One of the early lessons I taught the elementary school kids in our "food appreciation" classes this year was to recognize corn in all its convoluted forms. I pushed two 6-foot-long tables together and covered them with different food products containing corn. Pancake syrup? Where's the corn in that? Why, it's high fructose corn syrup! Twizzlers? Yes again: more corn syrup. Chocolate sauce? Corn again. By the time I got to the end of the second table, the 5-year-olds were pumping their fists.
"Hot dogs? Hot dogs? There's no corn in hot dogs, is there?" I taunted.
"Yes! Yes!" they all shouted. "There's corn in that! There's corn in the hot dogs!"
Of course, they were right. There was corn in the hot dogs, too. There's corn in just about everything, including the packaging we buy our food in. In fact, the only thing in that panoply of products I had spread across 12 feet of tabletop that didn't contain corn was a chunk of concrete I'd found on my way into school.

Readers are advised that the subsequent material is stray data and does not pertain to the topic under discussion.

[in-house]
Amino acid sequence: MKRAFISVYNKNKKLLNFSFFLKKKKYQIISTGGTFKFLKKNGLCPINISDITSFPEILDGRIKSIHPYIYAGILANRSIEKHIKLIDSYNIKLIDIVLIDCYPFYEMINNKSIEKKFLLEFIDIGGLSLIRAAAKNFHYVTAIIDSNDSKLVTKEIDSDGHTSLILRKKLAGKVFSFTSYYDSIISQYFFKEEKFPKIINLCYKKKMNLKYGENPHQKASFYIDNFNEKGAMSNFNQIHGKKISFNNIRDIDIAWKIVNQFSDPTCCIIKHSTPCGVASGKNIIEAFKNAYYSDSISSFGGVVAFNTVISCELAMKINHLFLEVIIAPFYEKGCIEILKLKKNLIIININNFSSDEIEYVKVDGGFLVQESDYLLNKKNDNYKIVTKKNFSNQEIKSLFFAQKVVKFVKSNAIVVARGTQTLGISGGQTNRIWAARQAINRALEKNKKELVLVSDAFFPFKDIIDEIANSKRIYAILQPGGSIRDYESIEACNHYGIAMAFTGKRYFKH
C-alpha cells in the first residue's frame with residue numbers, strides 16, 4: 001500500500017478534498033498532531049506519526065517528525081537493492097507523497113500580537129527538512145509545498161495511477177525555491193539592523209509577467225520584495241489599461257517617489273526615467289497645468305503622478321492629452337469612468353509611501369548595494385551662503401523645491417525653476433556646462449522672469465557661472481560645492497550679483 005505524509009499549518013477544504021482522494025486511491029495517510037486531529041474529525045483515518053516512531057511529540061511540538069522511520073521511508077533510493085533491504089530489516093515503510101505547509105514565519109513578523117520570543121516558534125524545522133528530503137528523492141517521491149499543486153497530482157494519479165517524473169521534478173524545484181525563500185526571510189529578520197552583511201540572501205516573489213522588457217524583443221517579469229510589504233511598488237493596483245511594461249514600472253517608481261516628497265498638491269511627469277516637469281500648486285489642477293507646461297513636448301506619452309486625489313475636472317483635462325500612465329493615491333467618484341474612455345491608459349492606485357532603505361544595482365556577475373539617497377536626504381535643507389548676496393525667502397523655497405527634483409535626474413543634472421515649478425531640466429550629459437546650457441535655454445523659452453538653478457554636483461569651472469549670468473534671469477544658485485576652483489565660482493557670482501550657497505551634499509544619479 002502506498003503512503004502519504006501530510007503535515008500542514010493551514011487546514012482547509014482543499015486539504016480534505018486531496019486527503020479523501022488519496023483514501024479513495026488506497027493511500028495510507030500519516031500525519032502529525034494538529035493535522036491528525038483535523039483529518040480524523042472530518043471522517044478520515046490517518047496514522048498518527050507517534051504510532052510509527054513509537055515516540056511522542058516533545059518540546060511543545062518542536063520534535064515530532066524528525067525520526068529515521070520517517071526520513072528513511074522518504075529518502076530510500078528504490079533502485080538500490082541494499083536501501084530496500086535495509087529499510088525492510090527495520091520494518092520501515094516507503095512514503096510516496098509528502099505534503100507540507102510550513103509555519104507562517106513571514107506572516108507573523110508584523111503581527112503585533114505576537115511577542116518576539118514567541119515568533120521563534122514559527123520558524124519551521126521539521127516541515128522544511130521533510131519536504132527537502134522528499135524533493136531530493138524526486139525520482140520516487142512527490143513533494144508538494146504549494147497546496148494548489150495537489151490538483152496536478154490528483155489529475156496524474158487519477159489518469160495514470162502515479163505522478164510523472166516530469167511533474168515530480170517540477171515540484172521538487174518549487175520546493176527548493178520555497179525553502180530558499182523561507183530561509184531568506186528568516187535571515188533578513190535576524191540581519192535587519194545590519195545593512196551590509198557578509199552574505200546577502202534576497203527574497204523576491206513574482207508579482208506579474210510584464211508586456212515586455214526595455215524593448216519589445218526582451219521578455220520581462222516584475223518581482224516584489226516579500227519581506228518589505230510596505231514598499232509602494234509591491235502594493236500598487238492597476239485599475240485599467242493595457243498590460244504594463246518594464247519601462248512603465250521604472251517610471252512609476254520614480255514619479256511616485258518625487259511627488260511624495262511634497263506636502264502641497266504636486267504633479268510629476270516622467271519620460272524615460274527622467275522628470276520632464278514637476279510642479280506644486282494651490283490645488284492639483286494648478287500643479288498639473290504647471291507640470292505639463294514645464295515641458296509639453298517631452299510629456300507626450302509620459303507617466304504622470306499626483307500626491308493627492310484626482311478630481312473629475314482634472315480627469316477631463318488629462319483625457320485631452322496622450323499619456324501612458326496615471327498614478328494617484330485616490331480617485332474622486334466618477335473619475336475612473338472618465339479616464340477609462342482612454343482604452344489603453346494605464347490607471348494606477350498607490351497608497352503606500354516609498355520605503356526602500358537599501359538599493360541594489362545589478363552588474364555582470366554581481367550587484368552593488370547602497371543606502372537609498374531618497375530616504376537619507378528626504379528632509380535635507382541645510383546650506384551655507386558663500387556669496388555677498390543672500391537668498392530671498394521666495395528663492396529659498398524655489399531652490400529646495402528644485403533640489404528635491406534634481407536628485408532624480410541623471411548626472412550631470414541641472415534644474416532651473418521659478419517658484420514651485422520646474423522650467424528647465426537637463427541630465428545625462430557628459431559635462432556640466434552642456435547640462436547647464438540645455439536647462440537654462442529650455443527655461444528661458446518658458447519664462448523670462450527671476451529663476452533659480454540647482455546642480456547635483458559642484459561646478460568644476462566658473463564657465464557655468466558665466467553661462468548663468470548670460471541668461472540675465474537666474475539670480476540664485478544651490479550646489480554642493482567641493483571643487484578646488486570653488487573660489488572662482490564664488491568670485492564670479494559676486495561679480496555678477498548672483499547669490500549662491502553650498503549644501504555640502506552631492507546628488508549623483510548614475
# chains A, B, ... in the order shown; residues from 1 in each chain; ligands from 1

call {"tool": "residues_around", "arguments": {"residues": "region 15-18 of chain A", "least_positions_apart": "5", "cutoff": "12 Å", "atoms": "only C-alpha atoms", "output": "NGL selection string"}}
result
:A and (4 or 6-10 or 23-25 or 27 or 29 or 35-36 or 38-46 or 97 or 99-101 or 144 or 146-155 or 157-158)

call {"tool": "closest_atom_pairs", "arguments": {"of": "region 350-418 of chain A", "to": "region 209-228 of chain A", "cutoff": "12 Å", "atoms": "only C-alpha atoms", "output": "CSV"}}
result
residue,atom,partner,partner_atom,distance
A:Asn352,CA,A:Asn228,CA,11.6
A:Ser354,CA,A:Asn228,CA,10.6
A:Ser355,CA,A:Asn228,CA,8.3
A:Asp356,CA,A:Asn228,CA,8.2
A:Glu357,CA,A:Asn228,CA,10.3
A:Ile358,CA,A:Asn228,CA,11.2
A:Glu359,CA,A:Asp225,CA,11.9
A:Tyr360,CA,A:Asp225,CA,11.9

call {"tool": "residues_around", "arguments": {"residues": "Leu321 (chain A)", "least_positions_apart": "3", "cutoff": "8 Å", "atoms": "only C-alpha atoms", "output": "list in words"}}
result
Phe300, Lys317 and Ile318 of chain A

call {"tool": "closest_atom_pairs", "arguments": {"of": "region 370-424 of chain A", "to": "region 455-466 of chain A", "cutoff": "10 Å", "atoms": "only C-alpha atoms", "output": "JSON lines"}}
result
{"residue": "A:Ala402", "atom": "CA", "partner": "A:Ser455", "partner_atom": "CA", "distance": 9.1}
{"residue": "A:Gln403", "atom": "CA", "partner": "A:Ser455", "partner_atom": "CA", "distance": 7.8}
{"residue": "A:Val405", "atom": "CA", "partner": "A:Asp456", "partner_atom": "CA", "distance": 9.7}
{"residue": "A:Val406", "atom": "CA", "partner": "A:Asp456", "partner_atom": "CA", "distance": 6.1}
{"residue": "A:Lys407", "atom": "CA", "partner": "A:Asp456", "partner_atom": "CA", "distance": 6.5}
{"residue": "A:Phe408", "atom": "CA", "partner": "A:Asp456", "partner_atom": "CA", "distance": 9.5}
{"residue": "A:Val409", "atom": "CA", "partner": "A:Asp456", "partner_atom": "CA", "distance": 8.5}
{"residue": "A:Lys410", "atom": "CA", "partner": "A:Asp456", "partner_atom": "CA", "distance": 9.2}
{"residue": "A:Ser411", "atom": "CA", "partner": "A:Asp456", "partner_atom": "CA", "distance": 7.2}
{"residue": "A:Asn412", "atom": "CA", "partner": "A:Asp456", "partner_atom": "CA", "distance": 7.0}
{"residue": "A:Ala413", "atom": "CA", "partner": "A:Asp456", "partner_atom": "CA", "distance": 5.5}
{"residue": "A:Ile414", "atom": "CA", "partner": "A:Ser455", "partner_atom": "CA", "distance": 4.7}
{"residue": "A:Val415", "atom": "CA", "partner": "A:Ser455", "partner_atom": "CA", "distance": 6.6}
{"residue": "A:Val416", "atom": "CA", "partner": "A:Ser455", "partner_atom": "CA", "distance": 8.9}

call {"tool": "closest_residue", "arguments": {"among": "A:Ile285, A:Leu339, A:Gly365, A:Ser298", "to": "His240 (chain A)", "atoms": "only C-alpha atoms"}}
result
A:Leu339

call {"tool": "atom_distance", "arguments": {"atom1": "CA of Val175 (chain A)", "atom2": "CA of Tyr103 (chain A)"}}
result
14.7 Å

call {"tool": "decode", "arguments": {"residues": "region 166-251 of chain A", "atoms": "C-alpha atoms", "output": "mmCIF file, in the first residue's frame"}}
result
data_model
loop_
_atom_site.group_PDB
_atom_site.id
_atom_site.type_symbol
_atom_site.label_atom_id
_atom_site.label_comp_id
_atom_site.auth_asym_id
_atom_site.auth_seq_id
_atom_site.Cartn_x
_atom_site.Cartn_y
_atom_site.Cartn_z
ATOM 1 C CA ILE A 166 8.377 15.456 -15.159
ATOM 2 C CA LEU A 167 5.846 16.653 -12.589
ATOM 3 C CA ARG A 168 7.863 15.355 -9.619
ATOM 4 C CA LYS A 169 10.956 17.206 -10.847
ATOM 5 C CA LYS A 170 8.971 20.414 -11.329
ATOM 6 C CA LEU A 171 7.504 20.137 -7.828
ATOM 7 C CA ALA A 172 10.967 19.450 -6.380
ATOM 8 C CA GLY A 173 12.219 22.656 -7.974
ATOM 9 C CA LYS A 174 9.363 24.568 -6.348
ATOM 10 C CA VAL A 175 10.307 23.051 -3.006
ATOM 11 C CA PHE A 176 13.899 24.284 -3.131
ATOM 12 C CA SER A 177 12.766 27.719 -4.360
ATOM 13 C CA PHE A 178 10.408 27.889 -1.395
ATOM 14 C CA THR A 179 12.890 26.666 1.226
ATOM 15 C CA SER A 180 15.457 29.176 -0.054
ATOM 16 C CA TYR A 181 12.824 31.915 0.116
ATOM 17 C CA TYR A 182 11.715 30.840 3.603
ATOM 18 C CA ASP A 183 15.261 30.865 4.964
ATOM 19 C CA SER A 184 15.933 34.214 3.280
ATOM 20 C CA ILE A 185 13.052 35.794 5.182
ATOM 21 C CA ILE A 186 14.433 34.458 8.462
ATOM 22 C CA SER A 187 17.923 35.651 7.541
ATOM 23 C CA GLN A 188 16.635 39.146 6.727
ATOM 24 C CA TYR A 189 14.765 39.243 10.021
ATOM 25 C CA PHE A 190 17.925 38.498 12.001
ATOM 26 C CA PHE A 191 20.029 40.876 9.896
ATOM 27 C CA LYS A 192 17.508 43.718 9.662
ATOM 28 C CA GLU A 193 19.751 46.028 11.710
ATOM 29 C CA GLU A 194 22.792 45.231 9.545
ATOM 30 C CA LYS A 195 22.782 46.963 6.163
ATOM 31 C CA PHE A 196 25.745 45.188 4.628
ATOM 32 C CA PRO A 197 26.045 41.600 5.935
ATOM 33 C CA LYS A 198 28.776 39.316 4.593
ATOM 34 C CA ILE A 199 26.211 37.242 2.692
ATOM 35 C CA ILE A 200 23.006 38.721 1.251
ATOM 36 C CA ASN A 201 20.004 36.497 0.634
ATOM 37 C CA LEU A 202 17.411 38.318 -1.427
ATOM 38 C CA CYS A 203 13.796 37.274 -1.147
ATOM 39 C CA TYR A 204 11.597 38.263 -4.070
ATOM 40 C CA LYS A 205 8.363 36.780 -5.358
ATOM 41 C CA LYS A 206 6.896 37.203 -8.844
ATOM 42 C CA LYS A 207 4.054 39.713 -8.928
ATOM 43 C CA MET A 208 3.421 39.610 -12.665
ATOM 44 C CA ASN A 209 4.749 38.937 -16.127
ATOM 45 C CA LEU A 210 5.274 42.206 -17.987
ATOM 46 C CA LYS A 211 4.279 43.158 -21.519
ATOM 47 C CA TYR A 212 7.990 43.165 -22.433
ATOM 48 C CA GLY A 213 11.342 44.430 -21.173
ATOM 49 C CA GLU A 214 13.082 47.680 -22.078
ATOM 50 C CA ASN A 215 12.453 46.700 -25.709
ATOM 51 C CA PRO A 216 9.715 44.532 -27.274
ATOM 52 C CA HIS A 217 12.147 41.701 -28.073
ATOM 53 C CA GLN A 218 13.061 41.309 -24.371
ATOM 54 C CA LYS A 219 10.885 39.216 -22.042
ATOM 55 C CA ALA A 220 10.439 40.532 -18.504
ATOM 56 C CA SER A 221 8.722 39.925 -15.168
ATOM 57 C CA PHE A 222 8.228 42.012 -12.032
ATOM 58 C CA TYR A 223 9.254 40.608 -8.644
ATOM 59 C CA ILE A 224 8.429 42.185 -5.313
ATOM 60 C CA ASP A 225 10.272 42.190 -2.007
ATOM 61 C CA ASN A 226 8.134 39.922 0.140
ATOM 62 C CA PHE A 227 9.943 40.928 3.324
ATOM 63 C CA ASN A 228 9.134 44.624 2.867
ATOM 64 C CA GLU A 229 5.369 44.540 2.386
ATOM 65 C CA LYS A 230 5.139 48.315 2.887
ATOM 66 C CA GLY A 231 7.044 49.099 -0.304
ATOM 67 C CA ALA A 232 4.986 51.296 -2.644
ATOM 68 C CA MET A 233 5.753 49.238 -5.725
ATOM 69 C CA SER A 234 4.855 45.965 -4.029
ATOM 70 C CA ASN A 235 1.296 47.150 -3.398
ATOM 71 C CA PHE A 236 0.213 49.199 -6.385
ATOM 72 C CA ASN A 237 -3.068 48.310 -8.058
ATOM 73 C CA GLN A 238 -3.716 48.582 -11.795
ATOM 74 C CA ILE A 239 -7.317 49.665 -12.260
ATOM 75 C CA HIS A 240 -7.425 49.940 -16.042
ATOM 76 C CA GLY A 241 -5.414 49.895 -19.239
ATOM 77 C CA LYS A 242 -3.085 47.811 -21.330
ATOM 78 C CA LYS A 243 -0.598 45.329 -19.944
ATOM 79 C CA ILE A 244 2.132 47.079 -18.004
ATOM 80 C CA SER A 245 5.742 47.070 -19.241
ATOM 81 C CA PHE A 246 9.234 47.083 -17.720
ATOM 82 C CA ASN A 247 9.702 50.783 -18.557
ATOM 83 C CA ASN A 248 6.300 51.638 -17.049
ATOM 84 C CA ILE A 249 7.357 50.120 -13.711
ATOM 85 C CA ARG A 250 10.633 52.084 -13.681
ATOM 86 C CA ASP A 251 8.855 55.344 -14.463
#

It was only a matter of time before we started putting corn in our automobiles.
In Washington's wacky approach to things, corn in the form of ethanol has become the darling of politicians suddenly scrambling to do something to stoke our autombile lifestyle. We are now the world's largest importer of oil. And despite what Exxon-Mobil would have you believe, the planet's supply of oil is not without limits. In fact, there are signs we are biginning to run short.
So, to keep our automobiles running, to support a culture of sprawl, fast-food joints, shopping malls, bumper-to-bumper commutes and ex-urban housing developments--what writer James Kunstler likes to call "the cheap oil fiesta"--we turn to ethanol as the latest technological fix. Ethanol plants (which, by the way, use fossil fuels to turn corn into something we can pour in our gas tanks) are springing up like crazy.